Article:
Slash Review
Former Guns N’ Roses guitarist Slash, right, performs Friday night with vocalist Myles Kennedy at Borgata Hotel Casino & Spa’s Music Box in Atlantic City. Sean M. Fitzgerald

There are not too many guitarists with zero vocal ability who can release solo albums and tour under their own name successfully.

Carlos Santana is one. Jeff Beck is another.

Slash, who brought back his “We’re All Gonna Die U.S. Tour” to Borgata Hotel Casino & Spa’s Music Box on Friday night, is the most modern version of the guitar hero who has headlining ability.

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Known best for his days as the lead fretman for Guns N’ Roses, the guitarist, with his iconic long, frizzy black hair, mirrored sunglasses and leather top hat, has proved for nearly three decades that he can survive no matter who his frontman is, whether it’s Axl Rose from GNR or Scott Weiland in Velvet Revolver.

For this tour, he enlisted the singing skills of Alter Bridge’s Myles Kennedy, who filled the vocal spot nicely, but the crowd was there to see Slash, and he didn’t disappoint.

Slash’s latest eponymous album features Kennedy and an array of guest artists that include Chris Cornell, Fergie, Ozzy Osbourne, Kid Rock, Iggy Pop and others, following Santana’s recipe for success.

It seems to have worked. “Slash” debuted at No. 3 on the Billboard 200 and No. 1 on the rock chart, impressive for any successful band, let alone a guitarist with a bunch hired guns.

The night was full of new songs — probably too many, in fact — but Slash constructed an awesome setlist that weaved in and out of solo material with GNR classics and Velvet Revolver goodies.

The band opened with the new track “Ghost,” a great rocker with a catchy guitar hook reminiscent of “Sweet Child O’ Mine.”

After offering the underrated Slash’s Snakepit ditty “Mean Bone,” the crowd erupted for the GNR hit “Nightrain,” in which Kennedy proved he was up for the task to hit Axl’s high notes and unusual delivery. Kennedy would also impress on other GNR staples such as “Civil War,” “Rocket Queen,” “Sweet Child” and the encores “My Michelle” and “Paradise City,” which served as sweet closers for a loud, raucous evening.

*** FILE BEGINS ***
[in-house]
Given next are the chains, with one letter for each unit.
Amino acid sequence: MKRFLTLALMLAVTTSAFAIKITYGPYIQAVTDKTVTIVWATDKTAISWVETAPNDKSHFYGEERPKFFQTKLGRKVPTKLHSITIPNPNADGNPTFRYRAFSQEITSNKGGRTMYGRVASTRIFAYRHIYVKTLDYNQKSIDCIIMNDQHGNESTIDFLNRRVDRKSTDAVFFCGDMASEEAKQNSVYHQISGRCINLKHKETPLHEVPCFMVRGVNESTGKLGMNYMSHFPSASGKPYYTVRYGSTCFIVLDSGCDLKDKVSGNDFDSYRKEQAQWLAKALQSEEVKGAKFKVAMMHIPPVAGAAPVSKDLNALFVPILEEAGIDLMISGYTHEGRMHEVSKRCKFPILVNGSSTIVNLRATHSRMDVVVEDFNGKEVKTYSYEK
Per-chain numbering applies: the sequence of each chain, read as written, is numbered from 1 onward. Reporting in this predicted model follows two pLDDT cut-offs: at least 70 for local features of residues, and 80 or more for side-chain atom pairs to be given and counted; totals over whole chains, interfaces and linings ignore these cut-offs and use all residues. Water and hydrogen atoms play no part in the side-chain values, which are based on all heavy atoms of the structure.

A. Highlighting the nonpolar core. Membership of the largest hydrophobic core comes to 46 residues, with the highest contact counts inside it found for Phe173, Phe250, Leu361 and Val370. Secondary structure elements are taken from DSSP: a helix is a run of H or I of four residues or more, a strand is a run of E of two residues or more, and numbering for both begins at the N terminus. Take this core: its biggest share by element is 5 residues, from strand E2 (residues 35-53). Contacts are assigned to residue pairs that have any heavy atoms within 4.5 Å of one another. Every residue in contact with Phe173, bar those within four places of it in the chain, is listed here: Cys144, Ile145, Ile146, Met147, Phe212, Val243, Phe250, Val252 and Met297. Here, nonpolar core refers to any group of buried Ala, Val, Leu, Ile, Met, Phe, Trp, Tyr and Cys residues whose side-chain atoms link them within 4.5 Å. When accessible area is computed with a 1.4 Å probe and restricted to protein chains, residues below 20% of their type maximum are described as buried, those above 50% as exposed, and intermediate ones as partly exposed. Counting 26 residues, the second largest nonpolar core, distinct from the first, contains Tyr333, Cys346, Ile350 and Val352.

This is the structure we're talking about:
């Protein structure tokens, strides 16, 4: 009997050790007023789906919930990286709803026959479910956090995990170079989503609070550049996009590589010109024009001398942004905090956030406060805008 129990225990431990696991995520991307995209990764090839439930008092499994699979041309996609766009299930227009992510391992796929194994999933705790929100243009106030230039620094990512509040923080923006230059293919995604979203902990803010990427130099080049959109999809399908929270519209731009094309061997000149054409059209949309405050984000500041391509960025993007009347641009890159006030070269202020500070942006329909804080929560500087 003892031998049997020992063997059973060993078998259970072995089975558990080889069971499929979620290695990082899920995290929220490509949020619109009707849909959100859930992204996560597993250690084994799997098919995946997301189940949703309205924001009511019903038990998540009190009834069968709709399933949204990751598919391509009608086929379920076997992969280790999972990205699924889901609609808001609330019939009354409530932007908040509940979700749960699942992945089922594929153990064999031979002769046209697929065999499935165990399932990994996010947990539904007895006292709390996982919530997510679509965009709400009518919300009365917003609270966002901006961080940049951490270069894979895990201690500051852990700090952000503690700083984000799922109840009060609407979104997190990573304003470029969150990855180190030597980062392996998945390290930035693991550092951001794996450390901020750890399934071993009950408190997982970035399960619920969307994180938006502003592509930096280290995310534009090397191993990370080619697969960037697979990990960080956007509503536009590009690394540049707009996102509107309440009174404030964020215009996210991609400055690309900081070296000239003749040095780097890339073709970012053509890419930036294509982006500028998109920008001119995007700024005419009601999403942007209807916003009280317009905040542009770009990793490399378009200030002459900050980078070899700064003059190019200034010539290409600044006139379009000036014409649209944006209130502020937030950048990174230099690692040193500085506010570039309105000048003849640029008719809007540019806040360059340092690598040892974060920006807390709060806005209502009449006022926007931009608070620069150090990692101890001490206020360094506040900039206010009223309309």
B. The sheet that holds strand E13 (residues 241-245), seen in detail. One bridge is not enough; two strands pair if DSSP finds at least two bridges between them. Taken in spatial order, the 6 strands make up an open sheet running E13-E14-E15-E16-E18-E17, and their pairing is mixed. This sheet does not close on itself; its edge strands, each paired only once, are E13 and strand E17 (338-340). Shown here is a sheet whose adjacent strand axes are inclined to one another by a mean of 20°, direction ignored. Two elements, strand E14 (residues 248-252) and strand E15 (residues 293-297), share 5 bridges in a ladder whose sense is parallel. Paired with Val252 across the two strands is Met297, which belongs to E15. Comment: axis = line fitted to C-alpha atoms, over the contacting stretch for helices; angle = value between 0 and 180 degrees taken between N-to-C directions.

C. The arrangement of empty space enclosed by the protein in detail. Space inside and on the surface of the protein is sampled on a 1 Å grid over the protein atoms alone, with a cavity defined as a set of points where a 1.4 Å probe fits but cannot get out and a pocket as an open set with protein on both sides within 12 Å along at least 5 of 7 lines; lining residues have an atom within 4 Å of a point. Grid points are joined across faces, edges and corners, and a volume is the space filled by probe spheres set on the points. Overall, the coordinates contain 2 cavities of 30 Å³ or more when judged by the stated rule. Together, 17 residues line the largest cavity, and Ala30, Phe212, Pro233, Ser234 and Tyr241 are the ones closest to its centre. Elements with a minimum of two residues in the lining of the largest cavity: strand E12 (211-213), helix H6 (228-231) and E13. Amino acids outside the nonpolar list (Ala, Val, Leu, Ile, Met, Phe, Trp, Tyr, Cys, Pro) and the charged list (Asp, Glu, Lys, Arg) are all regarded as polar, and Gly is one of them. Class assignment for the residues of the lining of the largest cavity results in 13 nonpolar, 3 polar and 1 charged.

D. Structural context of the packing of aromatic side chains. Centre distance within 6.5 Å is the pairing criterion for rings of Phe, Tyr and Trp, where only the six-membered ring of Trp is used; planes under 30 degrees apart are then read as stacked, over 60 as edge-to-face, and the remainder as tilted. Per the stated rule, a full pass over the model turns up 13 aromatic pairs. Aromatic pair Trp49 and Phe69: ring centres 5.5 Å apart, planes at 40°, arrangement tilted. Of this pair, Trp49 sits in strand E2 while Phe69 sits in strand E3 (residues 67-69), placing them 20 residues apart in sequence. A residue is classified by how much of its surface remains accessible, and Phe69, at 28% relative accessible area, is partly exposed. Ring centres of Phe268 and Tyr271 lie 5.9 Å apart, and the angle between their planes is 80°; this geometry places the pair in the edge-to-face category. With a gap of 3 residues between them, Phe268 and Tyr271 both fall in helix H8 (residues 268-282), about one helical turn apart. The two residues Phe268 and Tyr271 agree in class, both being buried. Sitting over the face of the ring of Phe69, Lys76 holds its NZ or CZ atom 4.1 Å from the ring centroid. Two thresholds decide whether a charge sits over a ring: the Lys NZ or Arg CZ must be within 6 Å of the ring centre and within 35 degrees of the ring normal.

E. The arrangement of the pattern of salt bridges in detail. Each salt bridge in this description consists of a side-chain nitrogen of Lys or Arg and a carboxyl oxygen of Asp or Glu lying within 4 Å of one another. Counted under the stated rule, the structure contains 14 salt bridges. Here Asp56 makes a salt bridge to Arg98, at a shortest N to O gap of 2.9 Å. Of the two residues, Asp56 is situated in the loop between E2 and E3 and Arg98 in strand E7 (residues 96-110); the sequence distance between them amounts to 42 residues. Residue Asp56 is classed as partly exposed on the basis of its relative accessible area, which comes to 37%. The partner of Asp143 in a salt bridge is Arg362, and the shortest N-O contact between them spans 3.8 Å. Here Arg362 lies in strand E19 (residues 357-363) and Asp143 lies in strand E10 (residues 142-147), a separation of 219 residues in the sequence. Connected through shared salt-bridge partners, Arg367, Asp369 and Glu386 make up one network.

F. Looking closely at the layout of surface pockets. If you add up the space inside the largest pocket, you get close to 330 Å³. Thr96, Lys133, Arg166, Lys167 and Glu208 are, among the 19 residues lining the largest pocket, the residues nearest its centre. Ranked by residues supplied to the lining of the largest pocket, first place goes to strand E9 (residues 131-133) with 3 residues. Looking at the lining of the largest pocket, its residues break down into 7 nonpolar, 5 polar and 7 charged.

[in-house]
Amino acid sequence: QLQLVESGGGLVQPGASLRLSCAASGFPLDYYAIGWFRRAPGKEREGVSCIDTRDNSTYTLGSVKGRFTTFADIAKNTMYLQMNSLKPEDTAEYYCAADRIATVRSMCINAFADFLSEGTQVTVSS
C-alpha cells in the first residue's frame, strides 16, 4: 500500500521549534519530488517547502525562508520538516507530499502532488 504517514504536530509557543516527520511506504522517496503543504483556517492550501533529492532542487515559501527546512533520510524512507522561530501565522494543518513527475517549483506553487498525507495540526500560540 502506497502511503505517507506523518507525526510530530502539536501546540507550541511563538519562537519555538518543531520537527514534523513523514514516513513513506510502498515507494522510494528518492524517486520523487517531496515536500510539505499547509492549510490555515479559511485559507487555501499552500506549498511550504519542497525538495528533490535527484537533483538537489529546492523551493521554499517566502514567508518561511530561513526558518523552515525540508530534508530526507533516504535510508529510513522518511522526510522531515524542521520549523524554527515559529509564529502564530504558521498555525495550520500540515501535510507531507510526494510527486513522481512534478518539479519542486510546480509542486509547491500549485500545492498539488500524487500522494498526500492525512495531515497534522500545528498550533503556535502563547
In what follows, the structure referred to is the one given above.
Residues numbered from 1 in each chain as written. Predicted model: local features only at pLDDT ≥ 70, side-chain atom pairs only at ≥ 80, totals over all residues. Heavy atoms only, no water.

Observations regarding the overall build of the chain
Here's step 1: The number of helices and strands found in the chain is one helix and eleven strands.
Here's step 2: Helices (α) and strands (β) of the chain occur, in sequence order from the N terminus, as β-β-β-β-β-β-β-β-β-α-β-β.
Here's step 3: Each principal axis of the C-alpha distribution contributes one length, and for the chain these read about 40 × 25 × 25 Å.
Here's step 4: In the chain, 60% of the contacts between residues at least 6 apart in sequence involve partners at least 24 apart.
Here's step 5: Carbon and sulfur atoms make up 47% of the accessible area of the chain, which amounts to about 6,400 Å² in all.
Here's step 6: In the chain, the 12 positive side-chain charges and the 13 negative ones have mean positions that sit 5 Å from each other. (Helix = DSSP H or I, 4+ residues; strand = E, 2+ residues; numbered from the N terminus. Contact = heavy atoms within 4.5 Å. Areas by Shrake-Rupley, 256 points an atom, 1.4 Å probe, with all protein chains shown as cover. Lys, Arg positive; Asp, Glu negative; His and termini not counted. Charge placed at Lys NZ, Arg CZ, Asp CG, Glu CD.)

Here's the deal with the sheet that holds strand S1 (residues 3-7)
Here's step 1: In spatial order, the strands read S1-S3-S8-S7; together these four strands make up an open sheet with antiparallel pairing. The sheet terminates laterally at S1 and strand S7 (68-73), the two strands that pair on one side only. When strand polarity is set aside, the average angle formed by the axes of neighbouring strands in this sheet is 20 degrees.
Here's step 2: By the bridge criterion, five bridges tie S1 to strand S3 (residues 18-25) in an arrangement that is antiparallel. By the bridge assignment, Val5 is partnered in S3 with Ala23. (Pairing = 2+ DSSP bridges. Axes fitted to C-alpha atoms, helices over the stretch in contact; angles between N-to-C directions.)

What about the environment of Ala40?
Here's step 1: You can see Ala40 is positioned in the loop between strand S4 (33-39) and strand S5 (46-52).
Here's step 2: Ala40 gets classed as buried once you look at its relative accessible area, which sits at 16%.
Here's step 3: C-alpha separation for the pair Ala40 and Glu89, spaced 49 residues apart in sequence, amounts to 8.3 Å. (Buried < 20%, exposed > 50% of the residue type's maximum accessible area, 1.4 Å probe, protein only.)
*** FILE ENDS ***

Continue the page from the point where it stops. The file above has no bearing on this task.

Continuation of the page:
Kennedy, in fact, nailed all of the GNR covers, reminding the audience how poorly Weiland sang them. He also handled the Velvet Revolver songs well, particularly “Slither,” “Sucker Train Blues” and “Do It For the Kids,” even though the supporting vocals were noticeably weak.

Like the “Slash” album, the new offerings Friday night were a mixed bag. Aside from “Ghost,” the two best new songs were the ones Kennedy sang on the album; the ballsy, bluesy “Back from Cali” and the retro “Starlight,” which would have been a smash in the ’80s.

The ballad “I Hold On” and the silly punk rocker “We’re All Gonna Die” could have been easily cut from the setlist, while “Nothing to Say” was worthwhile so that Slash could show off his ability to handle heavy metal brilliantly.

Slash seems more confident and creative than ever, laying down extended solos and clearly having more fun with this band than he did with Velvet Revolver.

Another sold-out crowd never sat for the 19-song, two-hour set, despite many of them not ever hearing a single one of the eight new songs before Friday night.

That’s because no matter how good or mediocre a song may be, watching Slash’s fingers fly across the frets and listening to the sweet sounds he makes — even in a “Godfather” theme guitar solo — is about as entertaining as that instrument gets.

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